BOOZY BONBONS Blending booze into baked goods is a time-honored gastronomic go-to. Today, however, desserts inspired by cocktails and--more specifically--cocktail trends offer a contemporary culinary twist.
“Gastropubs and the beer-pairing experience are becoming increasingly popular, and we have created desserts to complement this trend,” says executive pastry chef Marilyne Mitani of Emeryville, Calif.-based Paula LeDuc Fine Catering, offering chocolate-dipped, bacon-toffee pretzel bites, oatmeal stout ice cream and porter caramel sundaes, and Guinness "Mallomars" as examples. Additionally, the rise of artisanal spirits within the cocktail culture has influenced her dessert menus. For a local gin distillery, Mitani created gin gimlet teacakes baked with a touch of ground juniper berry and filled with citrusy-sweet lime curd.
Sometimes the cocktail component is more obvious, offered in the form of a spiked sip with a sweet sidekick. At Tarrytown, N.Y.-based Abigail Kirsch, partner and chef Alison Awerbuch couples cocktails with confections for both plated and butlered desserts, such as a plated warm chocolate soufflé baked in a dark cocoa pastry tart with a sip of a salted caramel Kahlua-and-cream shake with espresso nougatine, and a tray-passed "butter Scotch” sipper topped with vanilla praline foam, served with a warm caramel beignet drizzled with cranberry syrup (see photo above).
The pastry team at Culinary Capers Catering and Special Events of Vancouver, British Columbia, gives the ever-popular French macaron an adults-only twist by pairing cocktail-flavored cookies with pipettes of accompanying spirits, notes president and CEO Debra Lykkemark. For example, the B-52 features a chocolate macaron filled with coffee Kahlua buttercream served alongside a Baileys and Kahlua pipette, while the Pina Colada pairs a coconut macaron filled with pineapple buttercream with a coconut and rum pipette.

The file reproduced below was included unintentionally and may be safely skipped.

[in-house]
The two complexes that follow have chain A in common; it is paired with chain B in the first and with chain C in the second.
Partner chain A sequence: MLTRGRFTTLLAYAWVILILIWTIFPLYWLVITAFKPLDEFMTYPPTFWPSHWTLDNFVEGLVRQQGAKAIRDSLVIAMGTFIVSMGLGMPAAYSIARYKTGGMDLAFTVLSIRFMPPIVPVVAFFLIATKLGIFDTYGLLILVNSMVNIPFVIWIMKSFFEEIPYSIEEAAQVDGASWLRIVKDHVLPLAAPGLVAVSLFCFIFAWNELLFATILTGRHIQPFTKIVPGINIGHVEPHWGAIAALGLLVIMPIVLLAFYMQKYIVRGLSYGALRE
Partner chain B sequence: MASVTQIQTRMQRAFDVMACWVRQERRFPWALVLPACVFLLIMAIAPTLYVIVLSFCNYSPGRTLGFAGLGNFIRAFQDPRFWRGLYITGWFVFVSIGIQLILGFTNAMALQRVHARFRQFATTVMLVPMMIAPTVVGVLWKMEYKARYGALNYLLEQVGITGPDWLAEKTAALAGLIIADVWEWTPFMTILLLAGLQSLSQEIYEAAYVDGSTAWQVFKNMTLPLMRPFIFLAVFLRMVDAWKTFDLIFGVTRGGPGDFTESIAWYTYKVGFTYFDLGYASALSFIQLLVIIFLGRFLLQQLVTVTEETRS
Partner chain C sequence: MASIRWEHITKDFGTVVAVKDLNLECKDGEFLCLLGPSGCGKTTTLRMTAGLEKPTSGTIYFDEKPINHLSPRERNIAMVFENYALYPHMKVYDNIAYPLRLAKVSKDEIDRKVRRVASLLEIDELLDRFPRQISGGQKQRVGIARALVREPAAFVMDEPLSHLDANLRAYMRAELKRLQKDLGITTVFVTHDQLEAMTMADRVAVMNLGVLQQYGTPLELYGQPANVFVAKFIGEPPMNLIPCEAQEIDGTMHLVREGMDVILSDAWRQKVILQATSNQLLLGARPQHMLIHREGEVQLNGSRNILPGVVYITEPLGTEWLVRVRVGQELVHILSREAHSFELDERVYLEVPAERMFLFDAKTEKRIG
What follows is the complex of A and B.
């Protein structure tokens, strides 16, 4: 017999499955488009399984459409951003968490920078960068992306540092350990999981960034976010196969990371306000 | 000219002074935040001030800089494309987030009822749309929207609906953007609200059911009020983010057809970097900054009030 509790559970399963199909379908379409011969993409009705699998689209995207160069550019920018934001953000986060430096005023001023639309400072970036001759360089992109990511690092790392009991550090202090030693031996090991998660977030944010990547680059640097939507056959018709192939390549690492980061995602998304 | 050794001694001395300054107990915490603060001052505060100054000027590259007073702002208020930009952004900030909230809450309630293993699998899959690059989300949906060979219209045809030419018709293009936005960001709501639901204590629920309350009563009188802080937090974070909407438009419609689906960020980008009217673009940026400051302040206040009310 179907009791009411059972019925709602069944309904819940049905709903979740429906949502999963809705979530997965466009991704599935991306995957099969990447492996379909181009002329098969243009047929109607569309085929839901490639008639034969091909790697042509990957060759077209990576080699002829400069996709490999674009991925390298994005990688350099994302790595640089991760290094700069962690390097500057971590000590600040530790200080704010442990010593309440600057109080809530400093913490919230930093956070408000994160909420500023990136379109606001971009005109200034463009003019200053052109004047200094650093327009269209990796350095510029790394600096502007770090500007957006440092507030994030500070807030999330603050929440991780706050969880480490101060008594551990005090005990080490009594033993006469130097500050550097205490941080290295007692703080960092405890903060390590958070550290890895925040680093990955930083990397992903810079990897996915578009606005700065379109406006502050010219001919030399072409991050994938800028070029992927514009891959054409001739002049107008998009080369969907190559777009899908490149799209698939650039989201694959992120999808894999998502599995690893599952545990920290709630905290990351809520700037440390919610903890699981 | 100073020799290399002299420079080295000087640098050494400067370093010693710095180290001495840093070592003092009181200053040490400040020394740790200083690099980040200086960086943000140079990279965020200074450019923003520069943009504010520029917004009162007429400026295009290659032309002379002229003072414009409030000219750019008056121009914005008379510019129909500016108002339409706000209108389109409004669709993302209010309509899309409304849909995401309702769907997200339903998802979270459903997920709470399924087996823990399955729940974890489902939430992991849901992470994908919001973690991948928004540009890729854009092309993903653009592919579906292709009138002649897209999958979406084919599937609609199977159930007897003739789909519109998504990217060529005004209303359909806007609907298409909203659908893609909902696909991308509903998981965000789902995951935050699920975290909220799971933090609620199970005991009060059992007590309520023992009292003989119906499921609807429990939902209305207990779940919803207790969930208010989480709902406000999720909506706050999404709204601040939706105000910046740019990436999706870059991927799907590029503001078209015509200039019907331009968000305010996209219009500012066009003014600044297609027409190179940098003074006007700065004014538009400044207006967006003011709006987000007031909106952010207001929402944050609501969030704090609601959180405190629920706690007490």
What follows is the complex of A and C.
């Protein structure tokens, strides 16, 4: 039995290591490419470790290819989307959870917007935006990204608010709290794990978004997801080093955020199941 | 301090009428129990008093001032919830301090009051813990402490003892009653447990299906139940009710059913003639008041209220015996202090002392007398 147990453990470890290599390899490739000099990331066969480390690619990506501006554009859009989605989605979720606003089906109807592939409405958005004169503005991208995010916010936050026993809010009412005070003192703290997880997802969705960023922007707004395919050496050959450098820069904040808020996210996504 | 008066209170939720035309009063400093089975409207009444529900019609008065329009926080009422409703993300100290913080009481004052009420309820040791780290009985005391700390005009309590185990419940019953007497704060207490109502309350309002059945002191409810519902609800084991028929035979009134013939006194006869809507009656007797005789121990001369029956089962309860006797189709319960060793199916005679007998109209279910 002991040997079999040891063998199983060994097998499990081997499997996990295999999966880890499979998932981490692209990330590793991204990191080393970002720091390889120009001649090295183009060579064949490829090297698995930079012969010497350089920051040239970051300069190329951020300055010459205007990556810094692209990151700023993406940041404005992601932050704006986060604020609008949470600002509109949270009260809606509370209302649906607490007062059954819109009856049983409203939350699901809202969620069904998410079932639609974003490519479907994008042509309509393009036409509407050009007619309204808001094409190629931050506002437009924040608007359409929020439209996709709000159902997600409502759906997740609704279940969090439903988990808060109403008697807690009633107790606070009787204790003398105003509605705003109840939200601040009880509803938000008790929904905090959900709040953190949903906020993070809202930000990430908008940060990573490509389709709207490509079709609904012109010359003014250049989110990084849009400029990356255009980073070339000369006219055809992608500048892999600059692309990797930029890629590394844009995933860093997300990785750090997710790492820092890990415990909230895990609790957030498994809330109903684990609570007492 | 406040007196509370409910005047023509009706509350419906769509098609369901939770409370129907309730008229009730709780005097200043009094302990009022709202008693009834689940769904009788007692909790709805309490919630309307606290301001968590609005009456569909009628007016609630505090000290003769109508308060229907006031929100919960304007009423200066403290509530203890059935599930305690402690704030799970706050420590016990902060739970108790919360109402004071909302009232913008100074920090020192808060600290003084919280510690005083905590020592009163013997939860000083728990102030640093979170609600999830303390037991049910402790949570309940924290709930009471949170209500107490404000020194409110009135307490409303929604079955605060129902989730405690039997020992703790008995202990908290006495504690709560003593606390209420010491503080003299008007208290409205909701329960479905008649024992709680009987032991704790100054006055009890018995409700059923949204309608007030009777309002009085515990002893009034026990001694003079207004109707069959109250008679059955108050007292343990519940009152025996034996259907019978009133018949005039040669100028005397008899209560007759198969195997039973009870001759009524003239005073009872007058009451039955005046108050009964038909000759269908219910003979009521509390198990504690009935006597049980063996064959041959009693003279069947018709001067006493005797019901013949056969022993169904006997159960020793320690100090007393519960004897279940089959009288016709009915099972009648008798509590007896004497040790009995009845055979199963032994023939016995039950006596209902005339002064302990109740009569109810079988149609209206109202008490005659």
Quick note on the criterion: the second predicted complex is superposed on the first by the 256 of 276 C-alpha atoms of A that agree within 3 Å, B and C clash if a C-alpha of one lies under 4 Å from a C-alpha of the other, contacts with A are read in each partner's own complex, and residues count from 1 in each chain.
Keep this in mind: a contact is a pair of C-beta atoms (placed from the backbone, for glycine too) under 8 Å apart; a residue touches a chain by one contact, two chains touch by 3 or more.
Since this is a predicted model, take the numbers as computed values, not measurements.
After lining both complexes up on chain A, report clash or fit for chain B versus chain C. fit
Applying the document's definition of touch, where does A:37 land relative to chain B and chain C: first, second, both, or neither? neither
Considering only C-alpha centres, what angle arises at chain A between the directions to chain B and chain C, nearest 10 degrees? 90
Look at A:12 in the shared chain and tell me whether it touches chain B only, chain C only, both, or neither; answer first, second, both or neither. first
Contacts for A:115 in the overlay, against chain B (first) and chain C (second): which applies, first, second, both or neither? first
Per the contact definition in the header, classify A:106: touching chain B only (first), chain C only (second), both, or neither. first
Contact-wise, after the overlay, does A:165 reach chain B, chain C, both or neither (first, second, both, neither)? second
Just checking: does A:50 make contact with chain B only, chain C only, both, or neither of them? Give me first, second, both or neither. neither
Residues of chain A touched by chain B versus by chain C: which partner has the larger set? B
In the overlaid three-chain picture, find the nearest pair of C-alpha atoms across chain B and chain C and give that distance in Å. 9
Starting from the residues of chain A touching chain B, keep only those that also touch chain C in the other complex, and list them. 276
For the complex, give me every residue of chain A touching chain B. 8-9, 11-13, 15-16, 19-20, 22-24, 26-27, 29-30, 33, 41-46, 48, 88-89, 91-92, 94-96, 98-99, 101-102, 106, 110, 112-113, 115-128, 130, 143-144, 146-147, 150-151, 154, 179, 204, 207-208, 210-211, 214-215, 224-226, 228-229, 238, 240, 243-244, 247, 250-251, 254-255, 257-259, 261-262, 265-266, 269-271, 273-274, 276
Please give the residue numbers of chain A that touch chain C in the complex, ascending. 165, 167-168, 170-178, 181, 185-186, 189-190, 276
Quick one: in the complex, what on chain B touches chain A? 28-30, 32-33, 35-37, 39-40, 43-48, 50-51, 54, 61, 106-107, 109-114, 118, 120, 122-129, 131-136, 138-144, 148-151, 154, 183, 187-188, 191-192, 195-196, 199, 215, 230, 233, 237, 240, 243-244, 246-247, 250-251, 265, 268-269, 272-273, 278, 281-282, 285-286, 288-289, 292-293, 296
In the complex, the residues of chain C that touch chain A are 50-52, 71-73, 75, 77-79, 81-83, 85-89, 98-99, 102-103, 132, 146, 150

Bite-sized and butlered, desserts are going the way of the tray-passed hors d’oeuvre. At Abigail Kirsch, Awerbuch plays off the appetizer riff with her crispy apple pie fries: crinkle-cut, fried apples served warm with strawberry-caramel "ketchup" and vanilla bean crème anglaise "mayo," and sips of strawberry cheesecake shakes with caramel popcorn crunch.
“Guests want to get up and mingle after a served meal,” Awerbuch says. “Rather than offering a plated dessert or traditional dessert buffet, we offer one or two unique stationary dessert presentations, and some creative butlered sweets. We see that more guests are eating desserts when offered this way.”
Charlotte Noble, marketing assistant at London-based Rhubarb, agrees, adding that the caterer’s popular dessert canapes--specifically its gin and tonic jelly, passion fruit panna cotta, and the British standby "Eton mess" (a strawberry, cream and meringue confection)--are best served on the go as shots. (A Rhubarb dessert station, above.)
“Petite desserts will continue to be the biggest trend in event desserts,” says Lykkemark, adding that assorted liqueur glasses, tiny ramekins, espresso cups and spoons remain popular serving vessels.
Warren Dietel, president of Orlando, Fla.-based Puff 'n Stuff Catering, adds classic petits fours to the petite-sweet hit list. “We do a sweet peanut butter and salty pretzel version as part of our new Classic American petits fours collection,” he says.